Buildings, their systems, and their appliances are becoming interconnected at an ever-increasing rate. The move from stand-alone, ‘islanded’ systems to an on-line platform has increased both our understanding and level of control of the buildings we inhabit and the machines we use. Everything from thermostats to heat pumps to refrigerators are moving on-line, creating a new web of interconnectivity; an Internet of Things (IoT).
This IoT platform presents a dramatic shift in our ability to control energy flows across our network, and with remote control now possible, we can switch consuming and generating systems off and on as required.
Demand-side response is now an established business model, and with our homes shifting to electricity-only for power, heat and transport, being able to monitor and control our built environments will become paramount to driving down our carbon emissions.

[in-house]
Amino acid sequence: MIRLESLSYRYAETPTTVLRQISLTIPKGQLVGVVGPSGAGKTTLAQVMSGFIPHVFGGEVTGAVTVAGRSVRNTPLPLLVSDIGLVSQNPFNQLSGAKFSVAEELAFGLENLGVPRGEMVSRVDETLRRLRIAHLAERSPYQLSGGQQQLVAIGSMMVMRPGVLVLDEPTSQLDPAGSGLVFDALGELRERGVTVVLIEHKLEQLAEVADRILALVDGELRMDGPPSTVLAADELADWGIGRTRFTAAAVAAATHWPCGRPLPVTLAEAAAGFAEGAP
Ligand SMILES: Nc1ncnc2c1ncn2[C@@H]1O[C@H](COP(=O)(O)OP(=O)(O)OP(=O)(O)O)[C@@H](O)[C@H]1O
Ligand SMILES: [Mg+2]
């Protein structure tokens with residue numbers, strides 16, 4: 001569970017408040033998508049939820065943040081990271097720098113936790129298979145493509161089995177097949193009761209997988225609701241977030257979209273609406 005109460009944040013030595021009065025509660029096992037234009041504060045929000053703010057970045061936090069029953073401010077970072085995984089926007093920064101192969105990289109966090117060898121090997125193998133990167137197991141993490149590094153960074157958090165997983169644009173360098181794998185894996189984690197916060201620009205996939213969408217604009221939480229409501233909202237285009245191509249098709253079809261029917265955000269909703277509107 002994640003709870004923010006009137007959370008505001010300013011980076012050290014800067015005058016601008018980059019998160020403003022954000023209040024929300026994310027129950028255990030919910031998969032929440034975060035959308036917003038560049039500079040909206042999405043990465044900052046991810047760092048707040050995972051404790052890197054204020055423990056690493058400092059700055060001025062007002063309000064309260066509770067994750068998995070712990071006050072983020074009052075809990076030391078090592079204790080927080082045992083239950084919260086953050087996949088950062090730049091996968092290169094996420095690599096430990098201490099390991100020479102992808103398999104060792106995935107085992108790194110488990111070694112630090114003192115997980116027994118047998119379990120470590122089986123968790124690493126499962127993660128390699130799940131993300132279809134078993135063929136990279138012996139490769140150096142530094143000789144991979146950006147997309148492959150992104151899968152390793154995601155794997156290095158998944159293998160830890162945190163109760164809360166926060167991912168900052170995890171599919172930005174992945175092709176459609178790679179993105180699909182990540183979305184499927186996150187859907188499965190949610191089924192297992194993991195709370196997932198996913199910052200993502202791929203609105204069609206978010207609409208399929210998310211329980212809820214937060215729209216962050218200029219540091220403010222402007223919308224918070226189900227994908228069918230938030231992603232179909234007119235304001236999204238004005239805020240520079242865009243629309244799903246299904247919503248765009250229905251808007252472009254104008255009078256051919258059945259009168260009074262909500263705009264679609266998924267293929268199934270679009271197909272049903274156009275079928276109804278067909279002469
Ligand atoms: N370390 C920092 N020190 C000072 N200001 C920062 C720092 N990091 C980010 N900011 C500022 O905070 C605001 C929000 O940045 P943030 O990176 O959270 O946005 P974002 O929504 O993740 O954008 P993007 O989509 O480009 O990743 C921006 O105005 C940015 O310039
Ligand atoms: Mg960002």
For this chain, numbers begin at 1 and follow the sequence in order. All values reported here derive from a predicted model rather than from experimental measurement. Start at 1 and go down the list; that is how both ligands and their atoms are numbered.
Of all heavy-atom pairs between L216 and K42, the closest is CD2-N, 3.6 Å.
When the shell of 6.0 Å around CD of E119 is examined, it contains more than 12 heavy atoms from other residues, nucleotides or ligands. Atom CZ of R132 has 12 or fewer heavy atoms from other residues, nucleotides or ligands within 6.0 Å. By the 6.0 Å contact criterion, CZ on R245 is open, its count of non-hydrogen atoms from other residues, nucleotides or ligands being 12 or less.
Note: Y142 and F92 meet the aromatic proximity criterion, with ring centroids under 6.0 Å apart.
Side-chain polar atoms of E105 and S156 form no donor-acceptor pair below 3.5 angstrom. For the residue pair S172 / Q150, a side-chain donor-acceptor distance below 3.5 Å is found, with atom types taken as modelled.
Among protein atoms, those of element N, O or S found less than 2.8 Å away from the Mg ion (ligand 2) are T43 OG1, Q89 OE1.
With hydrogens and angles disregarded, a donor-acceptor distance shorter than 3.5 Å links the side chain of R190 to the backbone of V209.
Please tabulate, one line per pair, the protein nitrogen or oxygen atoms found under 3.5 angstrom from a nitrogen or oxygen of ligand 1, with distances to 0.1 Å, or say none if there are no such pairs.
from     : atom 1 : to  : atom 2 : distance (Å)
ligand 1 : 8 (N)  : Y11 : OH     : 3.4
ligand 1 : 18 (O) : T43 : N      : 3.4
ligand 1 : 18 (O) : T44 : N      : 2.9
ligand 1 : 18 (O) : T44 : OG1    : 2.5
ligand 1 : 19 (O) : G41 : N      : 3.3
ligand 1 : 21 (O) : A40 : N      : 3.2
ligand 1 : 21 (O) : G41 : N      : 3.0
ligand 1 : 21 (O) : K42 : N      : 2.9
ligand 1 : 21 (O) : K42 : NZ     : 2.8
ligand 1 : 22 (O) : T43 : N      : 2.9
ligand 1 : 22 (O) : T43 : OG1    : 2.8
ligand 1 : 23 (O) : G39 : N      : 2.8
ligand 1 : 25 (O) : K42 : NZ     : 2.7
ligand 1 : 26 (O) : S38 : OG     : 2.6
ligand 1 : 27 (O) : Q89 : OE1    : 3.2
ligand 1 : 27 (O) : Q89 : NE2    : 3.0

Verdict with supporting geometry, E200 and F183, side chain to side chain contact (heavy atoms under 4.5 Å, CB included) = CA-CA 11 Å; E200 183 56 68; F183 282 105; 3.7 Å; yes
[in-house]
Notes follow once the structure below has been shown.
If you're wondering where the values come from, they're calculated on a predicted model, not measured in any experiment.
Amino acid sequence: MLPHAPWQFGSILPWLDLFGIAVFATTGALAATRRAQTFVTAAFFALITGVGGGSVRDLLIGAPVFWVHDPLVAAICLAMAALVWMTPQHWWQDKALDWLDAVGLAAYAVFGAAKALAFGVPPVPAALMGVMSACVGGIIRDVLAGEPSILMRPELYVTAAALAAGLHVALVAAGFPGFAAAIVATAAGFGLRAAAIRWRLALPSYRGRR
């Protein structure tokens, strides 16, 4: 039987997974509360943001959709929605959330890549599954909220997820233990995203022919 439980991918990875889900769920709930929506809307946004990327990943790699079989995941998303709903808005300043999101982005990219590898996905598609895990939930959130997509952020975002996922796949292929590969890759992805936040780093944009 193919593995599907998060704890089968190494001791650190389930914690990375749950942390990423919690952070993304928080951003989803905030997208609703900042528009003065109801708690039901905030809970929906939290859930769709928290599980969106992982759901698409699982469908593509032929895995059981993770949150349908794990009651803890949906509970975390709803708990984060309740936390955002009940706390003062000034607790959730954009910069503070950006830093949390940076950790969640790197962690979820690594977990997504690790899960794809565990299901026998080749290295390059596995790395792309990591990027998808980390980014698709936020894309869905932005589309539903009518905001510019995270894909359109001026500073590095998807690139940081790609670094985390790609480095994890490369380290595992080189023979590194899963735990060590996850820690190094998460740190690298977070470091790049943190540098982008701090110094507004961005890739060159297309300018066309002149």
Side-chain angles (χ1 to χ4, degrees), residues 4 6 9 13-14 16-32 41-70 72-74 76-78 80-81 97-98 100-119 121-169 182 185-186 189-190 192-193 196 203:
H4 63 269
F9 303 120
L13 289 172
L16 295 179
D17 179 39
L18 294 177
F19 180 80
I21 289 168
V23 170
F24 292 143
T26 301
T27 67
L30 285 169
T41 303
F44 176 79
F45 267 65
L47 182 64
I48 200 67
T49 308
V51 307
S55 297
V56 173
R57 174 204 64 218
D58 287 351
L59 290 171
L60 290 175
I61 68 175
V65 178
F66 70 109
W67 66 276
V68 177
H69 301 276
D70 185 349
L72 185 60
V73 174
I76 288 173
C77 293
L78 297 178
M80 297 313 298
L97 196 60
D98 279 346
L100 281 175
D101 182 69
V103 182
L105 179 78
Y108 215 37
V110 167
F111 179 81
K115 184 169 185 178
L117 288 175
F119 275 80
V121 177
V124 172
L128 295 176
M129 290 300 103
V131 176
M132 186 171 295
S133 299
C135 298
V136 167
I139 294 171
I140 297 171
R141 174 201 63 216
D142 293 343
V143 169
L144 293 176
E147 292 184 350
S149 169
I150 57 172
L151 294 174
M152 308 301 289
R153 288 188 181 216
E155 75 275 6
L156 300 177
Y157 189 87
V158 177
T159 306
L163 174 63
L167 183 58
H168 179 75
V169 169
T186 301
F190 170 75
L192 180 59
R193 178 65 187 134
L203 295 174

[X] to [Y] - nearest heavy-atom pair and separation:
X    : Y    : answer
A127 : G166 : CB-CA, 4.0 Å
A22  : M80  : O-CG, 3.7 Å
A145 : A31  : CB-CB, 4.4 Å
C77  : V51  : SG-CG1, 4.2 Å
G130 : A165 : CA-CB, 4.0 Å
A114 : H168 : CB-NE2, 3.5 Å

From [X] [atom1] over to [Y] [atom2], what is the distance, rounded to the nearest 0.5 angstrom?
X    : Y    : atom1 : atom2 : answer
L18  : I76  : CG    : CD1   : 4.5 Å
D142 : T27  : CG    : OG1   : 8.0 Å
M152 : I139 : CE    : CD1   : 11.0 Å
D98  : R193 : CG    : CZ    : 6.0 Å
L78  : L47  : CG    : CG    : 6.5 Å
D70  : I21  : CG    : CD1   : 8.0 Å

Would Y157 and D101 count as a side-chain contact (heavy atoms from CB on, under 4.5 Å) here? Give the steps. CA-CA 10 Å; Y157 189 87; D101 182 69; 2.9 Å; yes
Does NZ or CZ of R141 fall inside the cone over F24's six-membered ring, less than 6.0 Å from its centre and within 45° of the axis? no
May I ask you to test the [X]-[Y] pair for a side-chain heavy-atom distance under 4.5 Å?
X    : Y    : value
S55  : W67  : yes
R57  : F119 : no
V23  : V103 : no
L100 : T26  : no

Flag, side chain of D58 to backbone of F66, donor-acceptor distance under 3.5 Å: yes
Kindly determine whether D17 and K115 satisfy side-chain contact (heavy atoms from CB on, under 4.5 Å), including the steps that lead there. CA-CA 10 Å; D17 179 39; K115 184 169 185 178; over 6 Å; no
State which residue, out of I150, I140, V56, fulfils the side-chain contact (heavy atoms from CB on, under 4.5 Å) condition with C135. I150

To achieve a level playing field of our connected buildings and systems, a common naming schema for every sensor and actuator is required. Using such a framework will enable any and all internet-ready devices to be acknowledged and controlled remotely. Likewise, a robust security protocol will be required to prevent unwanted access.
The Active Building Centre Research Programme is spearheading this activity alongside its academic partners, to construct an open-source IoT platform for buildings and systems.
The platform can be downloaded here.